'Nose Job' May Make You Look a Bit Younger, Too: Study
But several plastic surgeons say psychology may be at work as well
MONDAY, Jan. 16, 2012 (HealthDay News) -- Getting a "nose job" might do more than improve someone's looks. A new study suggests the procedure may make patients appear 1.5 years younger on average.
Although a plastic surgeon familiar with the findings said people may look younger simply because they're happier with their appearance after a nose job, the study's lead author -- a plastic surgeon -- said the procedure -- known as rhinoplasty -- clearly provides an added benefit for older patients.
"The face does look younger after getting a rhinoplasty. It's just a nice surprise that goes along with the surgery," said Dr. Ali Sepehr, a facial plastic surgeon with the OC Center for Facial Plastic Surgery in Irvine, Calif. He added that the study findings could turn a seeming anti-aging effect into one of rhinoplasty's selling points.
Dr. Michael Olding, chief of plastic surgery at George Washington University School of Medicine, questioned whether it's the remodeled nose, or the patient's new outlook, that seems to turn back the clock. "Patients usually come back happier, with more of a smile on their face," Olding said.
"No one would operate on a nose to make the patient look younger," Olding added. Instead, he said, the goal is to improve the harmony of the nose and the face.
Nose jobs are expensive -- running from a few thousand dollars to $25,000 -- and require a week or two of recovery time, Sepehr said.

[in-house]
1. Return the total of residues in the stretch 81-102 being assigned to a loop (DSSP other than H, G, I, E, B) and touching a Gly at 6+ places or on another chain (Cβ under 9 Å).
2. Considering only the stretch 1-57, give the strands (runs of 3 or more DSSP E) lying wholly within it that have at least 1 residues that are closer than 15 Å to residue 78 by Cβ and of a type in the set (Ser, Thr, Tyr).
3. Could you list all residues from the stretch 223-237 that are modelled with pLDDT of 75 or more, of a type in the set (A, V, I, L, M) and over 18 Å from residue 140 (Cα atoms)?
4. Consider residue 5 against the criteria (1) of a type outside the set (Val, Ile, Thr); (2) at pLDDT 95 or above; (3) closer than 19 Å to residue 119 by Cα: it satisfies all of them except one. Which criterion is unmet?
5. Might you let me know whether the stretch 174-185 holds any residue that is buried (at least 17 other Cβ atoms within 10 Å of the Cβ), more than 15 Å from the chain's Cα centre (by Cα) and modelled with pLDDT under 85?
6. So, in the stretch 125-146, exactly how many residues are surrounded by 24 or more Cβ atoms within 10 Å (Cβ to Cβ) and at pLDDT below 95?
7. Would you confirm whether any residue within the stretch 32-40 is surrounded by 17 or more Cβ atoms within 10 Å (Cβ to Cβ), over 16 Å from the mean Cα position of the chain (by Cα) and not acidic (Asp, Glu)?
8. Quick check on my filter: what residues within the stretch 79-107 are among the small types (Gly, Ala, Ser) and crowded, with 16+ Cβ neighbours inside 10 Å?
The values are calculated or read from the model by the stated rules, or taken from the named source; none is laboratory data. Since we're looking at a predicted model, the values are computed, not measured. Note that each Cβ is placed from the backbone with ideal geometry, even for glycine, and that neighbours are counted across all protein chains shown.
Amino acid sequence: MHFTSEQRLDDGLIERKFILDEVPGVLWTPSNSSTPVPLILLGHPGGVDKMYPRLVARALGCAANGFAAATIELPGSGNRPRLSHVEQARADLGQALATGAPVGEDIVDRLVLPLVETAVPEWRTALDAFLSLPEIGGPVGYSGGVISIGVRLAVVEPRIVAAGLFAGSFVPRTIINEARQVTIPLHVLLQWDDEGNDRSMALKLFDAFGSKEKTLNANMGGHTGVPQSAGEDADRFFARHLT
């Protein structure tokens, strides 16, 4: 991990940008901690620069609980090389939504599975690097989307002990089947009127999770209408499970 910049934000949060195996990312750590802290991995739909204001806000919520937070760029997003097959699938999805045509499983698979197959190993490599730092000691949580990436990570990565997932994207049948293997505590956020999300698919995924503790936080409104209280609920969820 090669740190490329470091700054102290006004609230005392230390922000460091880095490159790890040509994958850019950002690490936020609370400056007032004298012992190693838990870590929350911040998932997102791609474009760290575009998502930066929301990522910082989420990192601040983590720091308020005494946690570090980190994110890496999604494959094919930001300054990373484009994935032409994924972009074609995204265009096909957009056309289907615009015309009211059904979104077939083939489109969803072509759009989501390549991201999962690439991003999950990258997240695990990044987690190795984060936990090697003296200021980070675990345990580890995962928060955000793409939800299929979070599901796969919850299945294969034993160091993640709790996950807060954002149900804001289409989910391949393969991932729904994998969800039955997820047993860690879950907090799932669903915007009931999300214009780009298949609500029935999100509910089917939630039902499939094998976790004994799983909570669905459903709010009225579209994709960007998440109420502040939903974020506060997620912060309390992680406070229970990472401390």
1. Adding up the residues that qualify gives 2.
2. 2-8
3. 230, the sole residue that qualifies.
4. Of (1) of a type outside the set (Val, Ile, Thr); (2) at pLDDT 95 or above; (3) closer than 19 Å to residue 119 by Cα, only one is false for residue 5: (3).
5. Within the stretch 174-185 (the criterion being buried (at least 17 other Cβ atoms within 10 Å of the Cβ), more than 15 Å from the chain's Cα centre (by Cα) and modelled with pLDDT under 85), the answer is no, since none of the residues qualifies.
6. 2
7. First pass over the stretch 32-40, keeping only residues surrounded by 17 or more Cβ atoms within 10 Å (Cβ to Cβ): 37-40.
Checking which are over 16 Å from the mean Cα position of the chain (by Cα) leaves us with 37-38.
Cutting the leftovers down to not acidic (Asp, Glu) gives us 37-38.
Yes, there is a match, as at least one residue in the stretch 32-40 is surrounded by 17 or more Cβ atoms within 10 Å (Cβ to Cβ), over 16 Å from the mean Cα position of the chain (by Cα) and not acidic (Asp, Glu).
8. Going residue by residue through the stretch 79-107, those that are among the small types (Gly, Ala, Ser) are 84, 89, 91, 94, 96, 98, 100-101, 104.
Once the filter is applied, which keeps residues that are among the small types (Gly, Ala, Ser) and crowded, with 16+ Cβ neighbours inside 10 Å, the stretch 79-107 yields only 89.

Plastic surgeons may remake the nose to repair an injury or deformity, or to make it more visually appealing. Over time, the procedure has evolved to produce "more subtle changes in the nasal appearance ... and have the nose fit into the face," said Dr. Seth Thaller, chief of the division of plastic, aesthetic and reconstructive surgery at the University of Miami Miller School of Medicine.
In the new study, the researchers asked 50 people ("observers") to look at photos before and one year after surgery of 53 patients (including 41 women) who had undergone nose jobs. The observers were asked to estimate the ages of the patients, who ranged from 15 to 61. Their average age was 35.
Those who had undergone a nose job looked 1.5 years younger on average, with the youthful benefits more evident for older patients than younger ones. "The rejuvenating effect of rhinoplasty can now objectively be listed as one of the benefits of undergoing this procedure," the researchers wrote in their study.
Sepehr put it this way: "It's not a significant effect, as much as a face lift and neck lift would do, but it is something."
The particular procedure also influenced the degree of change. Regardless of age, patients who had a dorsal hump -- the hump on the bridge of the nose -- reduced, and patients with a greater degree of nasal tip rotation appeared to lose more years than other patients.
Thaller agreed with Olding that nose jobs can have a significant effect on patients. "I have noted a complete change in people's own self-perception. They frequently feel better about themselves. They may change their hair style, clothing and makeup. This may in fact also help to make them appear younger or rejuvenated."
The study appears in the January/February issue of the Archives of Facial Plastic Surgery.
For more about rhinoplasty, visit the U.S. National Library of Medicine.